"Holiday weight, Schmoliday weight."
Love Chunks managed to wangle the Thursday before and Tuesday after the Easter long weekend to give us six days in Spain.
Spain's a rather large patch of ground, so we decided to hit a smallish area and keep reminding ourselves that living in Europe for the next (at least) couple of years means that we can calm down and revisit or see more of the place later on. Madrid and Barcelona were idly bandied about over a dinner party table a couple of months ago, but friends urged us to consider Seville.
Gianna and Simon, let this be a public declaration of sincere thanks for your advice.
Easter is the Holiest of Holy weeks in an extremely Catholic country and we were surrounded by hours and hours and days and days of parades that seemed to feature gorgeous young women wearing black lace mantillas as a sign of mourning for Christ's death and a heap of differently-coloured Ku Klux Klan members who were supposedly covering their faces to hide their sorrow. No photos to show you as it didn't seem right to jump out and snap away at them during a time they took particularly seriously.
Honey toasts, deep fried and anointed in delicious syrups were an Easter treat that I inhaled eagerly, telling myself that having a freshly-squeezed Seville orange juice would sort of counteract the fat. (In Kath Land, an apple following a Kit Kat chunky means nothing was imbibed at all). Not so easy to do the same for the aubergine 'fries' that were coated in a fine crumb and then drizzled - again - in honey. We were skeptical at first, but all raving and rolling our eyes in ecstasy several seconds later.
Balconies were draped in red brocade, velvet and gold trimmings and the city was packed with people of all ages. No dinner to be had at 6:30, 7:30, 8:30 or even 9:30pm..... try 10:30pm with a few tapas to tide us over before then. Toddlers were at outdoor tables eating with gusto near midnight as we walked home, bellies full and wondering just how we'd be able to lie down and sleep comfortably.
Respecting their Christian celebrations aside, I'll admit to deliberately lining up my shot of this guy so that it looked as though he was praying for good BBC World News reception....
....and, yet again, an art work has to feature the single crusading female with a boob hanging out. As they inevitably do.....
Reluctantly driving out of Seville (thanks to Love Chunks and Ken, the tom-tom we brought over with us), we stopped at an intriguing lookout named Saucejo so that I could grab a photo of my best boy and best girl.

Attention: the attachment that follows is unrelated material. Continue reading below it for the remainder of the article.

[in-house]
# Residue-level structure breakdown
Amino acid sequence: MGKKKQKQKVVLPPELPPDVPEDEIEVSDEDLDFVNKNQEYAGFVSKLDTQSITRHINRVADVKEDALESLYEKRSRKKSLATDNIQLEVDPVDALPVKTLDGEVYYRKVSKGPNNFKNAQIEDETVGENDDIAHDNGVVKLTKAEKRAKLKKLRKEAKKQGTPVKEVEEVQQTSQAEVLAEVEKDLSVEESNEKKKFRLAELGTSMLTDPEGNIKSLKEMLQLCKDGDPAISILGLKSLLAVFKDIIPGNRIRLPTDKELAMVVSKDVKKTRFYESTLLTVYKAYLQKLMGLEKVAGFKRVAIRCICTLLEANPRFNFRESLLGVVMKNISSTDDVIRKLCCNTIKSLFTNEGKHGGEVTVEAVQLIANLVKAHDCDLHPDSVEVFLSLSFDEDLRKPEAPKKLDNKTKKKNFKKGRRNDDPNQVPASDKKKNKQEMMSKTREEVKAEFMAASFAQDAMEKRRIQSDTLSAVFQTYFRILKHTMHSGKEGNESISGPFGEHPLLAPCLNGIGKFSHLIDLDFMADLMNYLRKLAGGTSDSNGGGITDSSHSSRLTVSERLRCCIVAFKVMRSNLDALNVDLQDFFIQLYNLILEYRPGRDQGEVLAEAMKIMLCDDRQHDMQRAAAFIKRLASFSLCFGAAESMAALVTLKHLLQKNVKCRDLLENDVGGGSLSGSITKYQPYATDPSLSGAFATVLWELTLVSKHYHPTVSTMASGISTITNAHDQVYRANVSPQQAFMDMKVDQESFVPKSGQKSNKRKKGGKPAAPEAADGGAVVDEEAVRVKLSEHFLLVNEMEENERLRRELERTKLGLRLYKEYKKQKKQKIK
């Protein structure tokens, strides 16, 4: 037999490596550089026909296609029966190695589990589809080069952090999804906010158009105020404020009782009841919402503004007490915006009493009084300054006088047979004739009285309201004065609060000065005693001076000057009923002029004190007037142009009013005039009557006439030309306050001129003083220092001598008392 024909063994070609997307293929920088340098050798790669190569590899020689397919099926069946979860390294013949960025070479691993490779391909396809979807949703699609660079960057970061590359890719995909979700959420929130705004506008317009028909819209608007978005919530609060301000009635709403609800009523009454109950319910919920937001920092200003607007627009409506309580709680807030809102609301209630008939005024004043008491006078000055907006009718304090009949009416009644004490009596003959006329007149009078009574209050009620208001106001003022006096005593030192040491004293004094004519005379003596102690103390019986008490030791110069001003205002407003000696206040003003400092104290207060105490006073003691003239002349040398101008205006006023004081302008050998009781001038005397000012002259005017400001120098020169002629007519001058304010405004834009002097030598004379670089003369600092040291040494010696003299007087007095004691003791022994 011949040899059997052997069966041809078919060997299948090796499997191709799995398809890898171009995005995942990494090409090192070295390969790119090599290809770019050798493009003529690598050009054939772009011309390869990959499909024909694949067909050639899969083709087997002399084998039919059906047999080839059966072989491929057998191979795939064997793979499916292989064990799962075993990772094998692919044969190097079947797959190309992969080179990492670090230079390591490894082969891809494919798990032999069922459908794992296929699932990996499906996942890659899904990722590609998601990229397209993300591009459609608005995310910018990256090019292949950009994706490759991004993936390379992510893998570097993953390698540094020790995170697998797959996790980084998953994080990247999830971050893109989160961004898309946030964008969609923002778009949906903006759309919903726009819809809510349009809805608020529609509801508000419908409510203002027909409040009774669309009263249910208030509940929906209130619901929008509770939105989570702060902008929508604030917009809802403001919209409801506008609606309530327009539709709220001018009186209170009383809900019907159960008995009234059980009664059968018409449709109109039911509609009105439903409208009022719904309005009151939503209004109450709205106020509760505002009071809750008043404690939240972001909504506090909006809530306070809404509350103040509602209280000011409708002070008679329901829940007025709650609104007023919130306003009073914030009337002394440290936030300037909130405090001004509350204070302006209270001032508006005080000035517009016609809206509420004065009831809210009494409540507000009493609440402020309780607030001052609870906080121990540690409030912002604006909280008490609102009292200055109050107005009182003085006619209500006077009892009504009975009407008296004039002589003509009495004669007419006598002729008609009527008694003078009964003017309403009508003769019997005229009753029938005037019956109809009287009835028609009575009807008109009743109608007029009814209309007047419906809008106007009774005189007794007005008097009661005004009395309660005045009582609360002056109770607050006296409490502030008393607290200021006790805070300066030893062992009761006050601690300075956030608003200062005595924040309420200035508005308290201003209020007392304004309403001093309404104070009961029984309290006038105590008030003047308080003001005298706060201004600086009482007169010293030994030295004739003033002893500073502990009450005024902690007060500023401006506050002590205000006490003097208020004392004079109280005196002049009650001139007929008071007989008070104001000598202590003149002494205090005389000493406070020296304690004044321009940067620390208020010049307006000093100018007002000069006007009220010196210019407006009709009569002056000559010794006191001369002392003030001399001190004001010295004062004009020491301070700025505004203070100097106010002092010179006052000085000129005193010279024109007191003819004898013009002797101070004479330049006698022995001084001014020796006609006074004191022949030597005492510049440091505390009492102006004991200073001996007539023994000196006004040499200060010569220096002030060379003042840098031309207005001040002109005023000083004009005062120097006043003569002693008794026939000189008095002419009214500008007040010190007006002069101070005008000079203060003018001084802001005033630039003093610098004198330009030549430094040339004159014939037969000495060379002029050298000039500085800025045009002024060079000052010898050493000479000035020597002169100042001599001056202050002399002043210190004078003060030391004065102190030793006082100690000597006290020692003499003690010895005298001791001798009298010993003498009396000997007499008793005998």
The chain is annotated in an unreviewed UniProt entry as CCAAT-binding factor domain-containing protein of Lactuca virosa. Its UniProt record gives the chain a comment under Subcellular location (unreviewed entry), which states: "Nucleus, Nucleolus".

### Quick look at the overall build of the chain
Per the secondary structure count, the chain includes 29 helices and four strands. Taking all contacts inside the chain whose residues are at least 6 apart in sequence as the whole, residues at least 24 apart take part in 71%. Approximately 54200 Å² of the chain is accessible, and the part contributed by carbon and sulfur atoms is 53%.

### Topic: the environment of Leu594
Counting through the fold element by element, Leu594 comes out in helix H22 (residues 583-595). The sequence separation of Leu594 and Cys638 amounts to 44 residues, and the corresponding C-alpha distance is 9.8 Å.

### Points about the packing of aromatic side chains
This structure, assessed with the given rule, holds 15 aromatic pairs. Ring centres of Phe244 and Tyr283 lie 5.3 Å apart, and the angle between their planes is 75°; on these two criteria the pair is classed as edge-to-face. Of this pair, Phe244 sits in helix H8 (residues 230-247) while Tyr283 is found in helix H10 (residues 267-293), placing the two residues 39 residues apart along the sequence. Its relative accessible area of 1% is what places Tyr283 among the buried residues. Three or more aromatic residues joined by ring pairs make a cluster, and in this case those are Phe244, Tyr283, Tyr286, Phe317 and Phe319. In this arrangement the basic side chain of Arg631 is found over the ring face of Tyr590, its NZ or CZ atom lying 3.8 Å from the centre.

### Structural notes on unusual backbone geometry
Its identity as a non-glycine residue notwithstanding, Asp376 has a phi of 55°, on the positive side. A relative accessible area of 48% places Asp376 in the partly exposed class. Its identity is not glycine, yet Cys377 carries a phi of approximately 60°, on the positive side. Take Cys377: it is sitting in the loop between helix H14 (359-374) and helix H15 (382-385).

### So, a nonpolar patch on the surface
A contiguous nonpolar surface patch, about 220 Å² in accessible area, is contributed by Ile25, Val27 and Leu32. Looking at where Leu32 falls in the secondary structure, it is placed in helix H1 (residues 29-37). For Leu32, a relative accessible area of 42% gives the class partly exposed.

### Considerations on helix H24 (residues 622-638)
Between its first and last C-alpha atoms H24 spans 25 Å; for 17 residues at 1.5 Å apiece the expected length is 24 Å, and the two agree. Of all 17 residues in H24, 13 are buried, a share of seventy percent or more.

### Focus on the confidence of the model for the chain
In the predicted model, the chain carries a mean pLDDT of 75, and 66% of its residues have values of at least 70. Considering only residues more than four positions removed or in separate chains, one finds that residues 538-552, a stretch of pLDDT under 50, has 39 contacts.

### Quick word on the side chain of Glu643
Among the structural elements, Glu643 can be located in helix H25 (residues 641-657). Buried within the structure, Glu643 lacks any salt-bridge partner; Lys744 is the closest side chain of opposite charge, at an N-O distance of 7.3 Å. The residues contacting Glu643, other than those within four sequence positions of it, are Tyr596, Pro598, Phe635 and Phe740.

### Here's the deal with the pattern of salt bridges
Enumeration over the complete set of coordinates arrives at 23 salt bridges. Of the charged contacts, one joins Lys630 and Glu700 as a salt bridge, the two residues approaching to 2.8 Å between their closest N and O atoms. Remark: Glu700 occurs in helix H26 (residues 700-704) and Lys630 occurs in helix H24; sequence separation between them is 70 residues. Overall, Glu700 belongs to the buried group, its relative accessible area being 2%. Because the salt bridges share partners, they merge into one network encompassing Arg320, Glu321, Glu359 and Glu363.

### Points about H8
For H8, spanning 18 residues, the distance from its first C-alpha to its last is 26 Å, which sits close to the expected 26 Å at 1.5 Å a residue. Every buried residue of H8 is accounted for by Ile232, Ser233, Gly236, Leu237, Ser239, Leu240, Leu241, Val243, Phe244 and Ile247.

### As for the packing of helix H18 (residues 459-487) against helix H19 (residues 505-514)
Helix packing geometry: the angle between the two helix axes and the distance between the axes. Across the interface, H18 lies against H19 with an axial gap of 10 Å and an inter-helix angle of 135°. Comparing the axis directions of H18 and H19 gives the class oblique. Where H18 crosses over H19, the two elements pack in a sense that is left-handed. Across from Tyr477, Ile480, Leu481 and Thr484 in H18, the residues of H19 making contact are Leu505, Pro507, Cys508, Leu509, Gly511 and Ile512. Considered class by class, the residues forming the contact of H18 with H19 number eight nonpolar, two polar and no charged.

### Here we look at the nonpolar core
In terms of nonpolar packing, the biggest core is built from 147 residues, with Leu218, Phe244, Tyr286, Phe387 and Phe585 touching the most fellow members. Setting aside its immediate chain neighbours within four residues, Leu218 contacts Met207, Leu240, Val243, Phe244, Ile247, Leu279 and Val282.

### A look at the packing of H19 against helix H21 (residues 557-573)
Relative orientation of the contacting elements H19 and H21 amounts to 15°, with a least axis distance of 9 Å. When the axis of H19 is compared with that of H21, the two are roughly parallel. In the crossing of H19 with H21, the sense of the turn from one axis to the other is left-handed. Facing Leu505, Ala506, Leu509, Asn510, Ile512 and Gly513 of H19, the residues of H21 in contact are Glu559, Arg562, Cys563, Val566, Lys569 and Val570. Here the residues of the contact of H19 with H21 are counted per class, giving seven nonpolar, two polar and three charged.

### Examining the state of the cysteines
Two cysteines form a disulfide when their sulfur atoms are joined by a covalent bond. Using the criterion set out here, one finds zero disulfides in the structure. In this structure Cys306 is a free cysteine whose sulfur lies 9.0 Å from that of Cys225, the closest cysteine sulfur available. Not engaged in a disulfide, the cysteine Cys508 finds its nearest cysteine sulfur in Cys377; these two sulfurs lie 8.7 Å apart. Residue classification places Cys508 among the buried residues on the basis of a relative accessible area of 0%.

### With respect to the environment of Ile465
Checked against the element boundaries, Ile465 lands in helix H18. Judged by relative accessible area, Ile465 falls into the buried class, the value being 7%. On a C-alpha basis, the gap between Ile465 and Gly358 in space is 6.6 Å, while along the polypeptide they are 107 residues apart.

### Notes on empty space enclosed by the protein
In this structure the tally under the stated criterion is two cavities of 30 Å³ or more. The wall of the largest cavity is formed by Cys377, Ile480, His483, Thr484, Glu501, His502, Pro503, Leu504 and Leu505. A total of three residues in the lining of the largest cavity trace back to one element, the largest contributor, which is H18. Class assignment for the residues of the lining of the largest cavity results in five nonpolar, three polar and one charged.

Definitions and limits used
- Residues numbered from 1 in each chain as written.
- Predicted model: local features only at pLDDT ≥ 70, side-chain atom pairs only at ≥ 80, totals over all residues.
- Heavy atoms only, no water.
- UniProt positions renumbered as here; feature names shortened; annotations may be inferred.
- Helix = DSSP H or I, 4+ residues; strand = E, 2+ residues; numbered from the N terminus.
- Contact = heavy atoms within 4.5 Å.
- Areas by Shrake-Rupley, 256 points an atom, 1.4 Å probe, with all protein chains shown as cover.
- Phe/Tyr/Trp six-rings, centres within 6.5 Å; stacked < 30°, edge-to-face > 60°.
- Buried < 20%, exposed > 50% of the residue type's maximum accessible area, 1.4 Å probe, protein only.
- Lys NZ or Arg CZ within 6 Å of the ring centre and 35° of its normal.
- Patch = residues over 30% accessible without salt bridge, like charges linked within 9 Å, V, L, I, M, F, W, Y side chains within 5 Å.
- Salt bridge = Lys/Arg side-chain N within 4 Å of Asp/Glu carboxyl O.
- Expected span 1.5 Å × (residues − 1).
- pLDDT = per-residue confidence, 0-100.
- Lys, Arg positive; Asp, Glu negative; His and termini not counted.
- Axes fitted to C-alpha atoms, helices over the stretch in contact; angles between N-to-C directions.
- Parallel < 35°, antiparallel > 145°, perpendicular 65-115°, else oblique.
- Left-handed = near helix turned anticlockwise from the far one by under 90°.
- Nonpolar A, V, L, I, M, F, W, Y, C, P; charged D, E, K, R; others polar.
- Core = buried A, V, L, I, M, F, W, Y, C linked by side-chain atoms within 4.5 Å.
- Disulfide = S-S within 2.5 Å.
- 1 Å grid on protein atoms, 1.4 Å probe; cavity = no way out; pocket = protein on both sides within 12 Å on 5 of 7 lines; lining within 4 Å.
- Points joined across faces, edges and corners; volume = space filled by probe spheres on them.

Ronda (the town, not the girl that the Beach Boys were keen to use as a rebound for heartbreak) took our breath away. LC is a bit of a mountain goat and loves to clamber on things, so while he busied himself being King of the Valley, Sapphire and I took a selfie that you can clearly see reflected in my sunnies:
The bridge spans the deep rocky valley from the old town to a still very-old part of town that also has the largest bullfighting ring in Spain. We all preferred not to see any bull being stabbed by a bejewelled ponce wearing ballet slippers for sport and instead decided to take the walk down to the base of the bridge.
This was where the difference between Occupational Health and Safety Australian-style compared to OHS Who Cares Spanish-style was glaringly obvious.
"Oh look, LC," I said, voice quavering along with my knees, "Under this temporary IKEA step ladder stapled to the moss on the rocks is the original cement staircase, cracked in half and collapsed. How comforting..."
"Hey Dad," a much-braver Sapphire called out. "The railings have rusted and you have to wedge yourself up against the side of the cliff so that you don't smash yourself on the rocks below. This is incredible!"
She was right. The cement had long since crumbled down into the river, leaving a single iron bar jutting out like a hangman's frame, a visual reminder that the path was once a metre wide instead of several centimetres. Around the corner, a stone hut was teetering dangerously into the drink and as my two beloveds dashed eagerly ahead, my feet refused to move and I found myself staring straight ahead in a self-imposed trance. I was convinced that if I stayed motionless, the return trip around the cliff and back up the rocks would be achievable if only my ragged breathing-with-a-squeak-at-the-end would cease...
"Ma'am? Hey, Ma'am? Can you take a photo of us please?" Four young US college students were on top of the death trap cottage and one was dangling his canon down to me via the strap. "Er sure," I rasped, my shaking hands making several misses before finally catching the strap. Later, there was a tiny sense of satisfaction in passing them all on the climb back up to town, but fitness wasn't really the factor; fear was.
In Granada, Sapphire's tiny balcony provided a rather lovely view.
Beauty aside, it wouldn't be a Kath-splattered holiday if some signs and mistranslations didn't tickle my giblets. Colon Street, Tourism Colon and even a sign pointing to the turn off to Morón de la Frontera. There were times when I thought that I should have headed in that direction and many more when I'd gladly have shown other people the way.
In France, the 'Do Not Disturb' sign hung on hotel doors usually translates to 'Do not DERANGE me,' but in Spain it's 'Do not MOLEST me.'
Then again, as an Aussie sheila used to the Sharons and Narelles of the world and their 1970s/1980s-style insults, it could also be interpreted as being a Mole Star. Personally, the first interpretation is my preferred one.